Did you ever lie while on the show?
To my recollection, I never lied in the game. God allowed me a path that didn't require actually playing the game as it is meant to be played.
Is it possible to win the game by being honest and friendly? And do you think every winner of Survivor over the years has had to be dishonest to win?
I think there is a happy middle ground somewhere, but since I was trying to make a statement about Jesus' character, there was no room for anything but integrity. I think Ethan who won Survivor: Africa [in 2001] was completely straight-laced and won. You have to win a lot of immunity challenges. So it's possible.
At the end of this week's episode, in scenes from next week, the narrator says, "Matt plumbs the darkest depths of his soul." And then you, in tears, say, "I'm wasting away; God's literally carrying me."Please tell us what was going on there.
Physically, I had lost a ton of weight and struggled to stand without seeing stars and feeling like I would pass out. Mentally, my mind simply wouldn't slow down; it's like anxiety in real life multiplied five times. Emotionally, I missed my family and friends. But spiritually, I'd never felt more peace and joy in my entire life. My spiritual side allowed me to keep going. I can't explain how special it is to read and pray all day every day without distractions. It's funny how I could be so miserable and yet have a peace transcending all understanding.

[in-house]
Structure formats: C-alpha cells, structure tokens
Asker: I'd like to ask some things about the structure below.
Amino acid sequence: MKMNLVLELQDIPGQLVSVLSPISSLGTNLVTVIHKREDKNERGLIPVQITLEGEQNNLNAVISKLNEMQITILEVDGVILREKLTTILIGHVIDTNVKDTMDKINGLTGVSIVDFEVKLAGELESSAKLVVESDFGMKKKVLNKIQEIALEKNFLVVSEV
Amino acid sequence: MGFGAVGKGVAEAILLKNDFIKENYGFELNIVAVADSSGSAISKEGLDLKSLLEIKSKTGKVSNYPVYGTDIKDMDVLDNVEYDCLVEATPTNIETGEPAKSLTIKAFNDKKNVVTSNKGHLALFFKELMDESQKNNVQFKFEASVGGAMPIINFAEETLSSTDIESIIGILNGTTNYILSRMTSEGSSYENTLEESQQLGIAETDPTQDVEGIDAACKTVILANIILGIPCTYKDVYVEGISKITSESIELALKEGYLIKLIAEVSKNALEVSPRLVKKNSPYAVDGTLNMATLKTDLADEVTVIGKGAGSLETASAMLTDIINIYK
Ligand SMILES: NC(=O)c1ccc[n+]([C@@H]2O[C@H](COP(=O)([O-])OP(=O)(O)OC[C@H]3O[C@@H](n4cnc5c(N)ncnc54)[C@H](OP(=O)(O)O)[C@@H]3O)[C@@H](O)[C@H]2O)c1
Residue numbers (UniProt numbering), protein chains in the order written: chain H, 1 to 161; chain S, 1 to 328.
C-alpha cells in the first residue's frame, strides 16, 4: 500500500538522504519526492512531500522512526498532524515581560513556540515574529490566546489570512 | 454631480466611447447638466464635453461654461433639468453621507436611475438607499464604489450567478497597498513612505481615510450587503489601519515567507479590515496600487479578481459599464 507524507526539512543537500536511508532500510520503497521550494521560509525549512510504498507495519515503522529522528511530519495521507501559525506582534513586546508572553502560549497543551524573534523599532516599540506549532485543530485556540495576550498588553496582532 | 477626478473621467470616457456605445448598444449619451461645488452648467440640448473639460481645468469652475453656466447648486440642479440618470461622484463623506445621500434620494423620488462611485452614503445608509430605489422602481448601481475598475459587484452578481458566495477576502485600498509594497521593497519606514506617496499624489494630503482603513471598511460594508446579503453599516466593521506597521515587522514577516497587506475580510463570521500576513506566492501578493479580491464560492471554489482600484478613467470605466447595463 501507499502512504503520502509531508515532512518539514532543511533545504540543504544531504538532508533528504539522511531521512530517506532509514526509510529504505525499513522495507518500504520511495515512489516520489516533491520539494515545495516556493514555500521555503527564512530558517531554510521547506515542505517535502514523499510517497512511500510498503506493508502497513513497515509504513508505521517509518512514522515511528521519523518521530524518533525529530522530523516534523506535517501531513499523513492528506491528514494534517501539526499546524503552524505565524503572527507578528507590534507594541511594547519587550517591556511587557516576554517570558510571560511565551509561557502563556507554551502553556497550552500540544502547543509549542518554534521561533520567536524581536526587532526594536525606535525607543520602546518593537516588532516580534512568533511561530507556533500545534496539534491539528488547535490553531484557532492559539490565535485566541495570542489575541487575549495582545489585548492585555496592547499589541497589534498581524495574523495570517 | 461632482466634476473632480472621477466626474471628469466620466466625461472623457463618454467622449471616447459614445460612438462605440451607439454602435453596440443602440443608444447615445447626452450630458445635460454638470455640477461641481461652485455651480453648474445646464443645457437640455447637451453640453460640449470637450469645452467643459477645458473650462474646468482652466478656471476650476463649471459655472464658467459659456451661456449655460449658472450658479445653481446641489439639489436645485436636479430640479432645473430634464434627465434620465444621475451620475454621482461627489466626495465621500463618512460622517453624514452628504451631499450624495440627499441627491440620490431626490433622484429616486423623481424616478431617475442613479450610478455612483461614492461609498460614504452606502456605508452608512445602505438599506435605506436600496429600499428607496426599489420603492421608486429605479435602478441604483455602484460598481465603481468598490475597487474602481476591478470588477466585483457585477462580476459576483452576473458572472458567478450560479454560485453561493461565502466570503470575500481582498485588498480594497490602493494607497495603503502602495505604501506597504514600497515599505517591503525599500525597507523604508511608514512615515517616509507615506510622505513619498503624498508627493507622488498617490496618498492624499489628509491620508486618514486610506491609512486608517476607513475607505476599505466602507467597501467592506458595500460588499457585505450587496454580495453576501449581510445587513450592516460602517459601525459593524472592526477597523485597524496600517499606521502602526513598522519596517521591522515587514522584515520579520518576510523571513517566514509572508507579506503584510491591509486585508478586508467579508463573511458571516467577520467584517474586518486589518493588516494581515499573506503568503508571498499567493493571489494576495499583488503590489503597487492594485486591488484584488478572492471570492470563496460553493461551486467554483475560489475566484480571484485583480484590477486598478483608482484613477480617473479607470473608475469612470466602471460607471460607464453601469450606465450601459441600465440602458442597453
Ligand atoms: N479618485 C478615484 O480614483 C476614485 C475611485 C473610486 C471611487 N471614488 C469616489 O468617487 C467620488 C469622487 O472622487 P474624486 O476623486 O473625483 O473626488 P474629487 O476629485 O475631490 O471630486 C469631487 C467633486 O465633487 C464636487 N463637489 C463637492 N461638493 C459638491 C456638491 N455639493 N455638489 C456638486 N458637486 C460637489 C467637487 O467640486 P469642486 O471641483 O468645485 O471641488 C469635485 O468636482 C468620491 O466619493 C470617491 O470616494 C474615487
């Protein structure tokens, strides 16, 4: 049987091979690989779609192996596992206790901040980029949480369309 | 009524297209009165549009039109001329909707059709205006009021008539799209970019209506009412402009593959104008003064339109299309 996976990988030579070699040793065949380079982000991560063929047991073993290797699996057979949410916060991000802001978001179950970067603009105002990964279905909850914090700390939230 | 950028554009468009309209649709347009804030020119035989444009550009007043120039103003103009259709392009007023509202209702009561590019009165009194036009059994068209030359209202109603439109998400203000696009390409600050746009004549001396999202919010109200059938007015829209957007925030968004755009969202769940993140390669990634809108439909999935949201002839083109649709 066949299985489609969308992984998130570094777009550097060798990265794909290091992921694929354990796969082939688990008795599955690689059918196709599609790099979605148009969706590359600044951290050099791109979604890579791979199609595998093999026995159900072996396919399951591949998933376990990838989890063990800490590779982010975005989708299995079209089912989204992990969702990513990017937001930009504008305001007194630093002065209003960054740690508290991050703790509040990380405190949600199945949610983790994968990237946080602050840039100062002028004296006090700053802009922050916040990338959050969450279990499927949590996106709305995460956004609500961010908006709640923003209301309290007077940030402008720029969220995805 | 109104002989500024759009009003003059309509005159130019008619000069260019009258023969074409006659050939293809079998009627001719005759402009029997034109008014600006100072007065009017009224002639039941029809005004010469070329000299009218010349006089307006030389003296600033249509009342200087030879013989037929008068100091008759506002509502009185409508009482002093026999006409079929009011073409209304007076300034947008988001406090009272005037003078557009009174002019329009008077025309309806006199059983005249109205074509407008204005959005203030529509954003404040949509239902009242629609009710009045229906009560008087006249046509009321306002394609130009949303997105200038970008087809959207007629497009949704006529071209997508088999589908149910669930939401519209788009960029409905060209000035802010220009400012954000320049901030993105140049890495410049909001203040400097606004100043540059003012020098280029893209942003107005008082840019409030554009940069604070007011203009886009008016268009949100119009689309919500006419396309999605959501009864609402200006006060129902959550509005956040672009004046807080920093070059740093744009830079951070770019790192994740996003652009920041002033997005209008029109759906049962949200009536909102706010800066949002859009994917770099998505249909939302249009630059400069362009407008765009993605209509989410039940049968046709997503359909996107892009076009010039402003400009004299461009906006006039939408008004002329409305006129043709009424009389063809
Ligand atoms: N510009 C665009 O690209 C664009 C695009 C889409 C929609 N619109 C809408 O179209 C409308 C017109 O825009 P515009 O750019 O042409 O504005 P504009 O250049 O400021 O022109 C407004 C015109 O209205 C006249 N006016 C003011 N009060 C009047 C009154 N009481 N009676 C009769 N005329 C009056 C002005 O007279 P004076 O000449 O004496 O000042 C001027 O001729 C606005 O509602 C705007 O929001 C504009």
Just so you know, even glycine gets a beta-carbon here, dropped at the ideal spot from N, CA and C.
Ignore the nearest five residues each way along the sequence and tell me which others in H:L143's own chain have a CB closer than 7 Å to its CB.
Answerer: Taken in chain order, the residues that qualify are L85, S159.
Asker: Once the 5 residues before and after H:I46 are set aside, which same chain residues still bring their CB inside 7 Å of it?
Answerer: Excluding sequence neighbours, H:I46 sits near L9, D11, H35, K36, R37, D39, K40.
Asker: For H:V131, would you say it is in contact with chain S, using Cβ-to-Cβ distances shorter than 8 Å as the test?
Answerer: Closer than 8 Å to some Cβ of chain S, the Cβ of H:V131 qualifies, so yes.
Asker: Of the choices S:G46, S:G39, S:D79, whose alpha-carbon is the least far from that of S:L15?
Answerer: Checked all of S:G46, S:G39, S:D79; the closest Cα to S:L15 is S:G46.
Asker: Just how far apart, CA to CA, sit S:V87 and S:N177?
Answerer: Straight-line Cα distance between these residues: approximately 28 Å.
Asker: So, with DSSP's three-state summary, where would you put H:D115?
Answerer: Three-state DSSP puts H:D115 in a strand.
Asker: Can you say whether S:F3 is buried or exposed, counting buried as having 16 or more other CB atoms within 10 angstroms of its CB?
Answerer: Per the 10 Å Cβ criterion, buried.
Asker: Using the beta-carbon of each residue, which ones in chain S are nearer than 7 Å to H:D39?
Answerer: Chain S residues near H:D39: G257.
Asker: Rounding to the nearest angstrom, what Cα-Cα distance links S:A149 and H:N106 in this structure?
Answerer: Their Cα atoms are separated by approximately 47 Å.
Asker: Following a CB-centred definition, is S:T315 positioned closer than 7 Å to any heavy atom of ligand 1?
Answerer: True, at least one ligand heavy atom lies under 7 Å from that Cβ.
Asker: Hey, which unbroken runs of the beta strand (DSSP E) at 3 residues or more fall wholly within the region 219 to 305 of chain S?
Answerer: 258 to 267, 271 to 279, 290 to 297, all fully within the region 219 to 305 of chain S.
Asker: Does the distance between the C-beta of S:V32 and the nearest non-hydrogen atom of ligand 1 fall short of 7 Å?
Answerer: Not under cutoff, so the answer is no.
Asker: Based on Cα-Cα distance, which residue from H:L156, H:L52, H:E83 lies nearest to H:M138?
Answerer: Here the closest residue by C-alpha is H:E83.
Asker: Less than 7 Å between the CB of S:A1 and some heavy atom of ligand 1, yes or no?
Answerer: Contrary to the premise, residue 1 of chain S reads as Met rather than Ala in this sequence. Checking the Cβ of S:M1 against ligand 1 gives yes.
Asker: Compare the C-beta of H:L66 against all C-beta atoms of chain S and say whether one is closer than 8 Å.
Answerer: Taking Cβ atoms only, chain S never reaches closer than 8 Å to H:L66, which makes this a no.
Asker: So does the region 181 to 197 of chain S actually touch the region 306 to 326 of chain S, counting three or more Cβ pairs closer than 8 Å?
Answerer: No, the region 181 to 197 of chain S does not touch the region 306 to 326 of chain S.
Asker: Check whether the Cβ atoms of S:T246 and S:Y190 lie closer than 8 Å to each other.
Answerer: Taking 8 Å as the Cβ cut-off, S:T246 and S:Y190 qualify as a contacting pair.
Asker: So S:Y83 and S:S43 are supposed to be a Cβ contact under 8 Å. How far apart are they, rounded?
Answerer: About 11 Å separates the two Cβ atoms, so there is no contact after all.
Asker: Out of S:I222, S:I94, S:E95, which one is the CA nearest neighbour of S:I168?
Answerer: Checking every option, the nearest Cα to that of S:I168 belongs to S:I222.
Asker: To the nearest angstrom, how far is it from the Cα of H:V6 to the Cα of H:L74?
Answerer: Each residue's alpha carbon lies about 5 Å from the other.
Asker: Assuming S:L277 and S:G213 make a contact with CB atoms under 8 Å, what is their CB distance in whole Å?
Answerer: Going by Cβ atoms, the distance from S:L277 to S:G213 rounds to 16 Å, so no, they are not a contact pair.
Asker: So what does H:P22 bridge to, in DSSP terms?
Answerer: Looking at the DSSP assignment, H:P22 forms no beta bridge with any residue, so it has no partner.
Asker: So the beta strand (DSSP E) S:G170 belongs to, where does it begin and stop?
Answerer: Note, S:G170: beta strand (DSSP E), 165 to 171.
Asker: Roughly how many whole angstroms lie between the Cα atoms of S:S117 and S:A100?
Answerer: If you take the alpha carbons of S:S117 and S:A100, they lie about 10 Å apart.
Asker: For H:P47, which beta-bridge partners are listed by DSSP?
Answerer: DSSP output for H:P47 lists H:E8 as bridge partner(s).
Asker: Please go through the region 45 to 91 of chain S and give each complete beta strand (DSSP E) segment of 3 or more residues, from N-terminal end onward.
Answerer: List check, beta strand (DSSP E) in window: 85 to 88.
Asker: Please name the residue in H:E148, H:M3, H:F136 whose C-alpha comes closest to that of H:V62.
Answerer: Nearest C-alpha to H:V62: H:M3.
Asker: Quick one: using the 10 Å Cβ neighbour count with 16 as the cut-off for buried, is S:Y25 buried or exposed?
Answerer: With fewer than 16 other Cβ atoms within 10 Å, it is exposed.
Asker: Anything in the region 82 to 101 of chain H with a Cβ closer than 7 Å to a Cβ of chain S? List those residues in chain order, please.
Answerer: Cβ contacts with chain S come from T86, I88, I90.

You stated several times on the show that you wanted God to get the glory. Do you think that was accomplished?
I think so. Multiple times they've shown me praying in brokenness and complete trust to God. I can't see the effects it has, but I tried to represent Jesus to the best of my ability, and I did my best to glorify God, and I think he sees that.
What was the best part of being on the show?
Reading the Bible and praying without the distractions of our fast paced-world, and trusting God entirely with my life. And friends I've taken away from it
No regrets here. But I don't think I would do it again.
What's next for you?
I'm still in undergrad. I have to finish one more semester to graduate. Then hopefully I'll take some time off to travel before trying to go to med school.
4/29 UPDATE: Elrod's desire to affect others with his faith has already come to pass with a fellow contestant. See our blog update to read all about it.
Photos courtesy of CBS